The Specter of Red October Still Haunts the Baltics

Image: A campaign poster for a political party in a parliamentary election in Latvia during the inter-war period of the 1920s and 30s.

The Baltic states followed a unique trajectory following the October Revolution, breaking free from Bolshevik power and enjoying two decades of independence. When Sovietization finally arrived, the region’s peoples responded by leading double lives.

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Lauri Mälksoo is Professor of International Law at the University of Tartu, Estonia, and director of the Estonian Foreign Policy Institute, a think tank based in Tallinn. During the academic year 2017-2018, he is fellow at the Woodrow Wilson Center in Washington, DC. He is the author of “Russian Approaches to International Law” (Oxford University Press, 2015), “Illegal Annexation and State Continuity: the Case of the Incorporation of the Baltic States by the USSR” (Brill, 2003) and co-author of “Russia and the European Court of Human Rights: the Strasbourg Effect” (Cambridge University Press, 2017).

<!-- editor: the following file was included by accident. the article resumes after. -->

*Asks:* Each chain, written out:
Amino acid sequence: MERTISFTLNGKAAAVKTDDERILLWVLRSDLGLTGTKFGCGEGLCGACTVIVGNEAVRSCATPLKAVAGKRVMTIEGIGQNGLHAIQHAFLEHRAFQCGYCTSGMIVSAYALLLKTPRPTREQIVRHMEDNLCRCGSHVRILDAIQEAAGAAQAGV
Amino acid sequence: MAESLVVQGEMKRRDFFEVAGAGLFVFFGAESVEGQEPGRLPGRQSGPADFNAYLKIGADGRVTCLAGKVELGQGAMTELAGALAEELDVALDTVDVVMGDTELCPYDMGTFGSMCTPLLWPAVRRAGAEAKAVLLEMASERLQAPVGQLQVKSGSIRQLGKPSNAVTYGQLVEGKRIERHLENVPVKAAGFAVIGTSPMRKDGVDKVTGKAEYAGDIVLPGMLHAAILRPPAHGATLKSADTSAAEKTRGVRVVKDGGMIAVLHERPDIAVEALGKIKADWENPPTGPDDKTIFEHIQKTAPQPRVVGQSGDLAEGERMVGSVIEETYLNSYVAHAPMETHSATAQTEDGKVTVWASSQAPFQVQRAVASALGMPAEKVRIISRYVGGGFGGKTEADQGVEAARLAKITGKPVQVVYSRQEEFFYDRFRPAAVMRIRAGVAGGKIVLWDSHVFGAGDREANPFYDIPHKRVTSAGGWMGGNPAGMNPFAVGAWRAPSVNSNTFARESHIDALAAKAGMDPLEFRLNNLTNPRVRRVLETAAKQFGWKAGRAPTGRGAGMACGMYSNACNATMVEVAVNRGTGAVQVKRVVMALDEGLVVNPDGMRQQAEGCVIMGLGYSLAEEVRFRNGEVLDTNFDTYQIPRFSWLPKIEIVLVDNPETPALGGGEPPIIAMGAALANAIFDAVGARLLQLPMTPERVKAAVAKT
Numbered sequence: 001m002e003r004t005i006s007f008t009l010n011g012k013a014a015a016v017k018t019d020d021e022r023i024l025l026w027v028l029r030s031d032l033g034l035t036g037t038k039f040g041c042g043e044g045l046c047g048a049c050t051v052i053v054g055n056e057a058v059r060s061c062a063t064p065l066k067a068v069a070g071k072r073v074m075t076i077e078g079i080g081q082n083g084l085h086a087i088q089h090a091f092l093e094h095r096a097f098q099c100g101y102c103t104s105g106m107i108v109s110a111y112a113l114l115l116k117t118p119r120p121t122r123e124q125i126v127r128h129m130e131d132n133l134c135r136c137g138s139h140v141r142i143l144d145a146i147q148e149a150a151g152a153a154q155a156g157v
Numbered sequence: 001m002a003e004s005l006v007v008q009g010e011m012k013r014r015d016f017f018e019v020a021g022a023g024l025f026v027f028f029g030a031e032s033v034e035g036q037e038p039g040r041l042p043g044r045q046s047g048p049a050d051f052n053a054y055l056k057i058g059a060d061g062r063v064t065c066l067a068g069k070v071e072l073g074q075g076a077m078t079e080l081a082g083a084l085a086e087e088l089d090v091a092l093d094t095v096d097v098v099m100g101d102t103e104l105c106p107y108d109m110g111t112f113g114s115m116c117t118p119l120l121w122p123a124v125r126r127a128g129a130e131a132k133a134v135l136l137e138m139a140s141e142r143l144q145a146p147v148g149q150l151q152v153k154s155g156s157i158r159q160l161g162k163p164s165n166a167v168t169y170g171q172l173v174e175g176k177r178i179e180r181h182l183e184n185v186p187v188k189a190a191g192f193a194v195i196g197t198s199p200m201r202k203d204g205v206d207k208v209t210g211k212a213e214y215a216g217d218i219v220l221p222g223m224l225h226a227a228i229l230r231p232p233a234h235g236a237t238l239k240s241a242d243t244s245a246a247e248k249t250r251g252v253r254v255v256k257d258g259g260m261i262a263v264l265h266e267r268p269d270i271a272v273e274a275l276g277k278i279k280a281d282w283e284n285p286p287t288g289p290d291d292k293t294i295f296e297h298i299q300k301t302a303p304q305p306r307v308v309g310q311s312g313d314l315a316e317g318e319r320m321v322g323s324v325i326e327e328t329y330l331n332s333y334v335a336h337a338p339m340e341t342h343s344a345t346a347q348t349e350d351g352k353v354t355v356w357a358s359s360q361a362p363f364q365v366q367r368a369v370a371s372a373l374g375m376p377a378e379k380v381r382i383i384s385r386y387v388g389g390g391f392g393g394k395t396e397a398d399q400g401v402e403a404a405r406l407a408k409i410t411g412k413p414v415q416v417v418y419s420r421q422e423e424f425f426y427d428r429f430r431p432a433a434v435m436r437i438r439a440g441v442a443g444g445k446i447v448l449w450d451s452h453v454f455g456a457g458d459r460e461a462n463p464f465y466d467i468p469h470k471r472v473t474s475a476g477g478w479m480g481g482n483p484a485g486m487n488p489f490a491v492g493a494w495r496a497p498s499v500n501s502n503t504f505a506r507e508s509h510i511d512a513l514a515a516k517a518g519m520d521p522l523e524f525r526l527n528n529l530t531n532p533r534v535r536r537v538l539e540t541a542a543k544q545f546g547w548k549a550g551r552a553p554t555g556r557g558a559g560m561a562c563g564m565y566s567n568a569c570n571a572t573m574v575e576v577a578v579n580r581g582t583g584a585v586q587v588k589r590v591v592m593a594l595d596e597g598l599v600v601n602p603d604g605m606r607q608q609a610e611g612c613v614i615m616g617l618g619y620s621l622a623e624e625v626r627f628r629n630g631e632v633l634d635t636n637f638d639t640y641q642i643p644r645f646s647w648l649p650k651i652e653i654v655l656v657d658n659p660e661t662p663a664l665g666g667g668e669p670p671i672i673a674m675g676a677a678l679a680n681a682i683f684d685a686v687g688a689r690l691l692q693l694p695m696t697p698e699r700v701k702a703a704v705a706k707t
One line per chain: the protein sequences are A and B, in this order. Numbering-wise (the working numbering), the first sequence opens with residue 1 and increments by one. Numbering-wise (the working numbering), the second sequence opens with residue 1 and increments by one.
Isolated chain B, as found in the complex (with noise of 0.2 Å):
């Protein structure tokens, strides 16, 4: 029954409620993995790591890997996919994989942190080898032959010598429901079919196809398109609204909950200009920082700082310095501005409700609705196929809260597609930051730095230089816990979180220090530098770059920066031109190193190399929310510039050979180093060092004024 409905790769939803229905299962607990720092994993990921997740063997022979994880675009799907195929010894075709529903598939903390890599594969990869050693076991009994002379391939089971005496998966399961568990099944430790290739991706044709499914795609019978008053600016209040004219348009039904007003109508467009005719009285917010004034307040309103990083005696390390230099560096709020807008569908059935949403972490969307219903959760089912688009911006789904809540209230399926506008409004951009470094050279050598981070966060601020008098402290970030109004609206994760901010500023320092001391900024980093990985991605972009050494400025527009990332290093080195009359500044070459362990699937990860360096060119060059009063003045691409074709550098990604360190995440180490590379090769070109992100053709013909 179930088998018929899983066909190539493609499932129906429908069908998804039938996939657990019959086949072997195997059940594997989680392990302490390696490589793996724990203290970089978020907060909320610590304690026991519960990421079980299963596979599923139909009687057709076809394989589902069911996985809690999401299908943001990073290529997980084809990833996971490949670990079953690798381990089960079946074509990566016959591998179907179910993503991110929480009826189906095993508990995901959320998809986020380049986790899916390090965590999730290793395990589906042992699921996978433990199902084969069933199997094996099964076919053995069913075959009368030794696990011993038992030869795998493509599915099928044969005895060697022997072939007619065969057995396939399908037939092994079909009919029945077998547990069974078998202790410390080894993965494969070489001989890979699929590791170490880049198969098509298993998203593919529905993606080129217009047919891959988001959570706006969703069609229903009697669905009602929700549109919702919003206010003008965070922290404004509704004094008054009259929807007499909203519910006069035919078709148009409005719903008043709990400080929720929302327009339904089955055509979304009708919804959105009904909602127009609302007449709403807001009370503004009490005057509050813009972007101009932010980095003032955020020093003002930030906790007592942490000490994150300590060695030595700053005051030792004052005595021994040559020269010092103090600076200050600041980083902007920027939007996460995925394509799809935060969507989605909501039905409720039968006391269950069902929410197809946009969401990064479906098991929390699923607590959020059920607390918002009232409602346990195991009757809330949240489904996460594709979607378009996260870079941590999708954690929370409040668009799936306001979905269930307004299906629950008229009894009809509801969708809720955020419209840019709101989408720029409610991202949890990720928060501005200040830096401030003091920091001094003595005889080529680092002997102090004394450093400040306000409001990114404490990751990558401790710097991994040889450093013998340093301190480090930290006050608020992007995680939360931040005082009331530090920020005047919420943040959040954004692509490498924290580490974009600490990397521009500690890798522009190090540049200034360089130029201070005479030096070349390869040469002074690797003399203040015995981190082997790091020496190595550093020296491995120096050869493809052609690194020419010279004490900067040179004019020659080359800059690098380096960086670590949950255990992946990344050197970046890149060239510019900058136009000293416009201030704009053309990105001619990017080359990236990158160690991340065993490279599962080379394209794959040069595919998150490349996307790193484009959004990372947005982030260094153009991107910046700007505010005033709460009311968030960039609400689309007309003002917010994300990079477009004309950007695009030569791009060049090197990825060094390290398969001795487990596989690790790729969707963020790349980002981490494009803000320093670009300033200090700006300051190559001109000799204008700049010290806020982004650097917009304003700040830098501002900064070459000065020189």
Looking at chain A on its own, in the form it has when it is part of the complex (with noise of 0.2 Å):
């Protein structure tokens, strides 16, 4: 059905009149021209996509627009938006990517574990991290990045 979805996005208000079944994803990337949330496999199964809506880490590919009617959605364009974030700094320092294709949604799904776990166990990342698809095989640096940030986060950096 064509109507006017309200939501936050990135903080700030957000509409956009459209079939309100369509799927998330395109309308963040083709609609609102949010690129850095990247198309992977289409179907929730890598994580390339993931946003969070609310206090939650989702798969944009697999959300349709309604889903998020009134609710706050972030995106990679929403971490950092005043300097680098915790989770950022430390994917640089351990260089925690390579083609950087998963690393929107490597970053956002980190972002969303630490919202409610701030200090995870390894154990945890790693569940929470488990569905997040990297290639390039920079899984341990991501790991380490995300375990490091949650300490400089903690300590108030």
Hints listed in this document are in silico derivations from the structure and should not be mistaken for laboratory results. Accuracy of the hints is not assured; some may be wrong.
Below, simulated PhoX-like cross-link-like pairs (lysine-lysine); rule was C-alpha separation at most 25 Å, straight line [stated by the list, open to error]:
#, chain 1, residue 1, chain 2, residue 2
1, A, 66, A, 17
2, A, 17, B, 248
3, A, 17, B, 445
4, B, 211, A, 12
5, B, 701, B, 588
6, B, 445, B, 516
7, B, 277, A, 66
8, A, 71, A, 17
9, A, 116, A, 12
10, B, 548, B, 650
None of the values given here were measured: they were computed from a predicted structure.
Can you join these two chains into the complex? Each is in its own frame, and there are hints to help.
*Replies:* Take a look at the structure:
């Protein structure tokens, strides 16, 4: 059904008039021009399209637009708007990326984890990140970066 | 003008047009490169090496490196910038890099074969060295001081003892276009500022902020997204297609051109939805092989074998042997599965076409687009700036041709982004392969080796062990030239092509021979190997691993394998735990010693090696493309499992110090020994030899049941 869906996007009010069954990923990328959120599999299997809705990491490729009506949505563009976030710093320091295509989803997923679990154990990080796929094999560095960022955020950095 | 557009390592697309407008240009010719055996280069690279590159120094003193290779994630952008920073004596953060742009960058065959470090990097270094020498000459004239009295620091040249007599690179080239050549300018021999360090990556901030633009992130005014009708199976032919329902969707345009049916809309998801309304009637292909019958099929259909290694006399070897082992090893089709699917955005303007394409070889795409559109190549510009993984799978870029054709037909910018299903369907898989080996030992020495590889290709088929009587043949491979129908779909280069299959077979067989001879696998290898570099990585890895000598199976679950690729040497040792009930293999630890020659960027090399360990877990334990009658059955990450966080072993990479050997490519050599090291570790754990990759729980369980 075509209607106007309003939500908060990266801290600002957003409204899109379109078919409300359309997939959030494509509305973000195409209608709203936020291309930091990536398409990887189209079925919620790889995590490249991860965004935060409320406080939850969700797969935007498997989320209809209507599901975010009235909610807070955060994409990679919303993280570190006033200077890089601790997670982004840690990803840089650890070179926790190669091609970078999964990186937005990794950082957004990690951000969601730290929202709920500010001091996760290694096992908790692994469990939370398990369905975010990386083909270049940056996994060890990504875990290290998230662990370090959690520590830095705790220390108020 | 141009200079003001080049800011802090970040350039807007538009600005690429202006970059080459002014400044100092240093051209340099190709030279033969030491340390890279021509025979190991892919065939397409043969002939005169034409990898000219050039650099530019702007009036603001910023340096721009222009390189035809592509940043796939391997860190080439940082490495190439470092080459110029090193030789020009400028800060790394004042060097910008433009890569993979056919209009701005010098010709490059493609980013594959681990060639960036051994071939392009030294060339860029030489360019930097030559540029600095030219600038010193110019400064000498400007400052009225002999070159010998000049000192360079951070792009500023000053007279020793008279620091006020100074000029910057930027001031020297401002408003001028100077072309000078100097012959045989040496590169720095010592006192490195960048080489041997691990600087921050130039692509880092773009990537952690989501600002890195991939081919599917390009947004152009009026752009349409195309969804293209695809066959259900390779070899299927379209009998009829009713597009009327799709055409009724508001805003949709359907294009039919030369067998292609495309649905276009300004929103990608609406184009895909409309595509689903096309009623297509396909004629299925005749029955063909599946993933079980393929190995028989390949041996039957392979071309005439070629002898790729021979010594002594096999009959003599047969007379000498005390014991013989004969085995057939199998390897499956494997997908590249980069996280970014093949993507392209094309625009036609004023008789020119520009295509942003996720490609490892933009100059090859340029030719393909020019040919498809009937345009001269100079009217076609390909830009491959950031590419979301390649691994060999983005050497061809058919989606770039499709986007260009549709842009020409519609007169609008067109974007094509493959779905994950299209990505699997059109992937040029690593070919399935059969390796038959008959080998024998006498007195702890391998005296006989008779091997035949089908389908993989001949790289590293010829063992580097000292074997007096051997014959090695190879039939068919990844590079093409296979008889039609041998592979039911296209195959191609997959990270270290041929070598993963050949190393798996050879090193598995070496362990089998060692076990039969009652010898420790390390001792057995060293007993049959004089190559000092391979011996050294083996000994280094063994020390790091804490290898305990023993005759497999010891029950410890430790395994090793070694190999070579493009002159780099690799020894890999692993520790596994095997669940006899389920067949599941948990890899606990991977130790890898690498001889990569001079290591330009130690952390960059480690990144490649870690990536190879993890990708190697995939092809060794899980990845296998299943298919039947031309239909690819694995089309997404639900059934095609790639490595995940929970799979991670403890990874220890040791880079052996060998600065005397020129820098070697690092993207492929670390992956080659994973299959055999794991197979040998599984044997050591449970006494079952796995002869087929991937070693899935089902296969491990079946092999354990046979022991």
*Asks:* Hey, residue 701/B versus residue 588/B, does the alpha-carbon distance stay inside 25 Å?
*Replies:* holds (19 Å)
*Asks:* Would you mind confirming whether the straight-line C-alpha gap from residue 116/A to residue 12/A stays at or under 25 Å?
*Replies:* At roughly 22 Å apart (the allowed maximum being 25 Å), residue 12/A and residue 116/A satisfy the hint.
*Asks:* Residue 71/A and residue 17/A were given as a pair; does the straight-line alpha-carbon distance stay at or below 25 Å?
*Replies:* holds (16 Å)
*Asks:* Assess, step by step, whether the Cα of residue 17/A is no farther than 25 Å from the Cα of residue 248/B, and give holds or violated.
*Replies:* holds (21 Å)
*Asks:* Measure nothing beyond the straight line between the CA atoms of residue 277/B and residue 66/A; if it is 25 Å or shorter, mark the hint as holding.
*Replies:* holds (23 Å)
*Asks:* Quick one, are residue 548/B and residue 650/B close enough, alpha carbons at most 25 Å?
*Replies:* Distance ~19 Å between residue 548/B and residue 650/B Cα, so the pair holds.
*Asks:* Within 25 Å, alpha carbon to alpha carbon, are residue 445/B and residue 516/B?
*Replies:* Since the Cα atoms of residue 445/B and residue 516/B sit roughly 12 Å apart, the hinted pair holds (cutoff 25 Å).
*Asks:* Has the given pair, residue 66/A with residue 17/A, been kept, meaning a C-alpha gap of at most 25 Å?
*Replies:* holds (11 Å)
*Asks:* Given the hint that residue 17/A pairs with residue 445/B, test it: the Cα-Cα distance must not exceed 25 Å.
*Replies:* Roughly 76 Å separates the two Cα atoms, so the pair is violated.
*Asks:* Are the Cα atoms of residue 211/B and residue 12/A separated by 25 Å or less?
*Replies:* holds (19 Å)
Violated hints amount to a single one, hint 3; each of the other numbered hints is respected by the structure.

The Specter of Red October Still Haunts the Baltics

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